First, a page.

The Middle Class Is Mostly Invisible to the Elite

This post is part of our forum on Don Peck's September story, "Can the Middle Class Be Saved?"Jim asks a good, and hard, question: given our politics and culture today, do we collectively value a strong middle class enough to do much about the long-term forces arrayed against it?  In an abstract way, the idea of a broad middle class seems important to most Americans' sense of this country. And one message of my article and my book is that we can mitigate the forces that are hollowing the middle class--although we'll need to undertake a wide array of actions to do that.

But will most people be willing to accept personal sacrifices--higher taxes, for instance, or lower benefits in old age--in order to meaningfully increase the nation's investment in infrastructure (which in addition to its other benefits could create many good jobs to replace those lost in manufacturing or residential construction), or to subsidize the wages struggling young adults who lack higher education? I'm skeptical.

The rise of the meritocracy has been celebrated in the U.S., and in most ways it should be.  But as social critics from Christopher Lasch to David Brooks have noted, it has also created a class of professionals and elites who seem to feel less social obligation to other Americans than in the past.  Precisely because today's elite views itself as self-made, it seems to feel less community spirit and less responsibility to help those who've fallen behind.  

I think that sense of detachment has been reinforced by the continuing segregation of Americans by class--not just at the neighborhood level, but regionally--and by the tendency of America's meritocratic winners to uproot themselves from the communities of their birth and congregate together in a handful of places.  Here in the professional communities of Washington, D.C., it's not really clear from one's daily life that most Americans are struggling; the same is true, I think, in Manhattan and Boston and San Francisco and all the other power cities and creative enclaves into which the best educated Americans have streamed over the past two decades.

The increasingly single-minded focus on a college education as the only path to a secure and prosperous life--which Maria has already noted--strikes me as a particularly pernicious aspect of America's meritocratic culture, one that automatically excludes a majority of Americans.  Even among young adults, only about 30 percent of the population has a four-year college degree, and that percentage has only been growing by about one percentage point every four years.  We definitely need to ensure widespread access to a good education, including college education.  But a bachelor's degree simply cannot be the answer to the problems of middle class--the math just doesn't work.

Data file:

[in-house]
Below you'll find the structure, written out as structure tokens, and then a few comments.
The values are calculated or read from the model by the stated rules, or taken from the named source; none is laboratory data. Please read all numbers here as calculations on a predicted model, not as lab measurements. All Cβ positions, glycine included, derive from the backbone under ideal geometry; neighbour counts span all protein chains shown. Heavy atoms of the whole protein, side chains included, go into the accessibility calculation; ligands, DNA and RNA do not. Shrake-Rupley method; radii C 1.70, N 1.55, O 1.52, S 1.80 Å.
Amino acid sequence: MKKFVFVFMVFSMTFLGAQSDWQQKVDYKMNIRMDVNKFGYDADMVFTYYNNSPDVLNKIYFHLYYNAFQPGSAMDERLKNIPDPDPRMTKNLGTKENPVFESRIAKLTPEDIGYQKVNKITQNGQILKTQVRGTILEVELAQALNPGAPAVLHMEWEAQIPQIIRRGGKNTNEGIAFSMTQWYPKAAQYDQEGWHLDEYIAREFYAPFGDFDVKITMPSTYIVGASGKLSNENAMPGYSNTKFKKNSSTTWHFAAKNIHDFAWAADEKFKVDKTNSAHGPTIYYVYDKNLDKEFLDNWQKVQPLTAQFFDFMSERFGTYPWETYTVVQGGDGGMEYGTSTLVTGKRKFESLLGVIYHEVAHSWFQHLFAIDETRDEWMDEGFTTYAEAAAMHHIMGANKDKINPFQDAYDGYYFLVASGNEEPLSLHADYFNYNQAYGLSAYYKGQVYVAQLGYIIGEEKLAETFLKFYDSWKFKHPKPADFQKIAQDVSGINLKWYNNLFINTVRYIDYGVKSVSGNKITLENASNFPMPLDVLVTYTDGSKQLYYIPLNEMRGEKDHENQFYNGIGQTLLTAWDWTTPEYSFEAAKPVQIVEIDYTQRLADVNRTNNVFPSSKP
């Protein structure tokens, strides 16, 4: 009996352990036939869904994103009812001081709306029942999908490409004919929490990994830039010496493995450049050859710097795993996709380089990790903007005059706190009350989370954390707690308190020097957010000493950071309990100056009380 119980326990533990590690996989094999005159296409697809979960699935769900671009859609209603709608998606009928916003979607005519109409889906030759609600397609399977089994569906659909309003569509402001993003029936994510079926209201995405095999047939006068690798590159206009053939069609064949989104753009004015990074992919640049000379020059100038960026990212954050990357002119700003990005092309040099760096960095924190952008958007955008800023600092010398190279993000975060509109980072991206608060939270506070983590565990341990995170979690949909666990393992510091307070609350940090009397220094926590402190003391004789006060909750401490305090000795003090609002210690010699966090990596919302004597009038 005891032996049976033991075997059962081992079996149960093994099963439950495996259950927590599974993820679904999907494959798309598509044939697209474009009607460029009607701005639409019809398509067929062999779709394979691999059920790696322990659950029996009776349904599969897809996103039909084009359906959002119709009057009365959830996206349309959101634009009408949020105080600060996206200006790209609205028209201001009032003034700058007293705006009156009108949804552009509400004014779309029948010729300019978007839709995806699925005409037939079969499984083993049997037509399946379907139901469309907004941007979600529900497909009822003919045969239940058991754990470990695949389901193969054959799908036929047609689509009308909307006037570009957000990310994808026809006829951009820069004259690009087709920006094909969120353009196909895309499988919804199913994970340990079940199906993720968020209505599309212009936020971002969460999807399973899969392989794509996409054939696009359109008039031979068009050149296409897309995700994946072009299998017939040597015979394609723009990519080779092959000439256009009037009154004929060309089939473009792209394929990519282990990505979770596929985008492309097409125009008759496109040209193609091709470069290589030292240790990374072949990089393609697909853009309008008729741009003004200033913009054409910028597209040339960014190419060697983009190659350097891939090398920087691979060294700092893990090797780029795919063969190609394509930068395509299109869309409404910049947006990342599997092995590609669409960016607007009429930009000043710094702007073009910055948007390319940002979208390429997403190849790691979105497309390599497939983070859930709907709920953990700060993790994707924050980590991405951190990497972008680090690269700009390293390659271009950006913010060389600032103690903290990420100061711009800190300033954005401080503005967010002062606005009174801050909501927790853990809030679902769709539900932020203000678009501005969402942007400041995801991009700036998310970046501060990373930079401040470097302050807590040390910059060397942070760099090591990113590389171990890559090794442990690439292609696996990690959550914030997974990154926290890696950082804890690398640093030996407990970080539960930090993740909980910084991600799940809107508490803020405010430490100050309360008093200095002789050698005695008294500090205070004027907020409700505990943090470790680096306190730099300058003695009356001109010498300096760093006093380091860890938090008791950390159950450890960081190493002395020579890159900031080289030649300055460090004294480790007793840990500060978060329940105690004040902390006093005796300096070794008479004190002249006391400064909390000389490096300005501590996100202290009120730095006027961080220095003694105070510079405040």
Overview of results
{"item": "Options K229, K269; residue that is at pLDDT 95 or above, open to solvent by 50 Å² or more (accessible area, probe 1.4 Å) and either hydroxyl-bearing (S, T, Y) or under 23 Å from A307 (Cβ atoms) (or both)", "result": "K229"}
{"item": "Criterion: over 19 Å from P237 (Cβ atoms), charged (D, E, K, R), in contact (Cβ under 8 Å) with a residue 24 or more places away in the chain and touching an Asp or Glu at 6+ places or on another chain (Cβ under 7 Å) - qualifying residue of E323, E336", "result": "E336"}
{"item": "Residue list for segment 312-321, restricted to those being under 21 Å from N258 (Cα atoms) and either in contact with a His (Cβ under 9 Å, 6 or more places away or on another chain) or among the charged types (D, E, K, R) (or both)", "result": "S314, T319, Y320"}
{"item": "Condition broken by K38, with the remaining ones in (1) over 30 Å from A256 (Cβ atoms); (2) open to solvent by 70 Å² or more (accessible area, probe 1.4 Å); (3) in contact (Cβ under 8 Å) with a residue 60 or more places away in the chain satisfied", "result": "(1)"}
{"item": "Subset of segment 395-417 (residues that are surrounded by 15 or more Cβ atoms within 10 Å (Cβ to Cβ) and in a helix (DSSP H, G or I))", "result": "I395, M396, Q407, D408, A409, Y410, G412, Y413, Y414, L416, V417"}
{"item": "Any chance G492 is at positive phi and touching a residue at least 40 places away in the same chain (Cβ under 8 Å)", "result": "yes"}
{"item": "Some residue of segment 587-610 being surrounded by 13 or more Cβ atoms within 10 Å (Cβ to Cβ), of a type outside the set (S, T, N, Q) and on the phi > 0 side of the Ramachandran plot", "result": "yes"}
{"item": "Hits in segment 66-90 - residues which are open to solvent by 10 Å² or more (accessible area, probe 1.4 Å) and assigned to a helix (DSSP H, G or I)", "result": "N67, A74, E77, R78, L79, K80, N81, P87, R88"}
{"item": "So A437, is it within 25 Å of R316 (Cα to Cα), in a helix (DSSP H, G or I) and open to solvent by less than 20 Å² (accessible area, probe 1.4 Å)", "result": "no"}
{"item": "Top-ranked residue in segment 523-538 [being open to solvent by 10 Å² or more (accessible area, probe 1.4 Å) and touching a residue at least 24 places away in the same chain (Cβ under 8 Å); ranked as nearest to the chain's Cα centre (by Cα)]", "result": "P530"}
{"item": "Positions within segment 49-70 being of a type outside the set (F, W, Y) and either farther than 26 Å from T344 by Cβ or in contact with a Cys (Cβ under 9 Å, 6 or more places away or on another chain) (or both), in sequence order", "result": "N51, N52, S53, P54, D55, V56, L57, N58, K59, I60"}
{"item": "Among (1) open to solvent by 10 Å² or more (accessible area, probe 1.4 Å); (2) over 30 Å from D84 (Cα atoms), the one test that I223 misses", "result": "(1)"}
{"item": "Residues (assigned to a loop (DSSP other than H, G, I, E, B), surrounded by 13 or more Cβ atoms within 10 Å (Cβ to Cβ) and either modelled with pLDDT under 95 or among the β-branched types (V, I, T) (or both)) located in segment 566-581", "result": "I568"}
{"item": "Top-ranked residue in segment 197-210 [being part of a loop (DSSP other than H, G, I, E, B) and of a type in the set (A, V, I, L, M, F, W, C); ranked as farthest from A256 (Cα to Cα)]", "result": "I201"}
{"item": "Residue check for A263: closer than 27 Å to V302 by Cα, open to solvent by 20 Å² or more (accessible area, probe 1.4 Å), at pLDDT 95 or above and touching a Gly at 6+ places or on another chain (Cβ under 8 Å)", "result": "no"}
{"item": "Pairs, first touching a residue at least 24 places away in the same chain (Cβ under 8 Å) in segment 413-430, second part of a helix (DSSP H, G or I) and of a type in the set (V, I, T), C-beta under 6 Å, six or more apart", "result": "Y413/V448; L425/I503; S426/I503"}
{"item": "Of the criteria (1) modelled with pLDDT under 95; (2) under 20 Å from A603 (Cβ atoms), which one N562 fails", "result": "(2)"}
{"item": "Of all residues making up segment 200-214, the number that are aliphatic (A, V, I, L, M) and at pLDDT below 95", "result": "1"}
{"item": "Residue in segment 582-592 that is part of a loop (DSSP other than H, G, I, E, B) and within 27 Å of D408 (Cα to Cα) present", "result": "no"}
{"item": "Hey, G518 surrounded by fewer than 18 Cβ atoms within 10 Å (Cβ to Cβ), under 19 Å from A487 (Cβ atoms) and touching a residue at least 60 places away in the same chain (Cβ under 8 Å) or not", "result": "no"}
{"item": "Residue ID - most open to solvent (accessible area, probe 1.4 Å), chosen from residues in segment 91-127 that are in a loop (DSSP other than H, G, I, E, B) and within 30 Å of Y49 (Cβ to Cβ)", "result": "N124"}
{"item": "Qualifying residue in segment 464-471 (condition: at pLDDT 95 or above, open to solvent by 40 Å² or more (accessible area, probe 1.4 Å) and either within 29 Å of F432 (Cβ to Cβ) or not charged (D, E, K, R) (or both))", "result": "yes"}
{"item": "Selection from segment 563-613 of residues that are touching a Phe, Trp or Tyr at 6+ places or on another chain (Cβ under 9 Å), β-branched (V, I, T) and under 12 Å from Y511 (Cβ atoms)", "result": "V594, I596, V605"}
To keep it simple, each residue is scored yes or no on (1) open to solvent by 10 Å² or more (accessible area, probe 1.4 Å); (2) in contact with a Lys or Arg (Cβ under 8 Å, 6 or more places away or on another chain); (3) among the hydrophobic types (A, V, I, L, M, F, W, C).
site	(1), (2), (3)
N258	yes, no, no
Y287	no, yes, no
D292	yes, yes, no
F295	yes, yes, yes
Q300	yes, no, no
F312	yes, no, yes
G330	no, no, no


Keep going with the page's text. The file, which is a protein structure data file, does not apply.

So overall, I'm not confident that our culture--and particularly the culture in which the affluent swim--is deeply committed to a strong middle class.  It's not so much that today's elite thinks poorly of those who lack the IQ or childhood advantages to prosper in the modern economy; by and large, I fear that many elites just don't think about them much at all.

All that said, one thing that a great majority of Americans does reliably get behind is the idea of innovation and scientific advance. Breakthrough innovations and the faster growth they generate would not eliminate the array of forces squeezing the non-professional middle class, but they could help counteract them.  (The 1990s showed us that when we're innovating fast enough and growing quickly enough, just about everyone benefits to one extent or another.)  Breakthrough innovations have been sparse in the past decade, and Tyler's recent writings have raised the disturbing possibility that they may remain sparse for the foreseeable future.  But I'd strongly support a big, ambitious national push toward faster innovation, and I think there are a number of promising ideas for increasing our rate of breakthroughs--some (though not all) of these ideas are expensive, but I think the nation could get behind such a campaign, and it's the kind of thing that could move the dial. 

Presented by

The Man Who Owns 40,000 Video Games

A short documentary about an Austrian gamer with an uncommon obsession

Join the Discussion

After you comment, click Post. If you’re not already logged in you will be asked to log in or register.

blog comments powered by Disqus

Video

The 86-Year-Old Farmer Who Won't Quit

A filmmaker returns to his hometown to profile the patriarch of a family farm

Video

Riding Unicycles in a Cave

"If you fall down and break your leg, there's no way out."

Video

Carrot: A Pitch-Perfect Satire of Tech

"It's not just a vegetable. It's what a vegetable should be."

Video

An Ingenious 360-Degree Time-Lapse

Watch the world become a cartoonishly small playground

Video

The Benefits of Living Alone on a Mountain

"You really have to love solitary time by yourself."

More in Business

Just In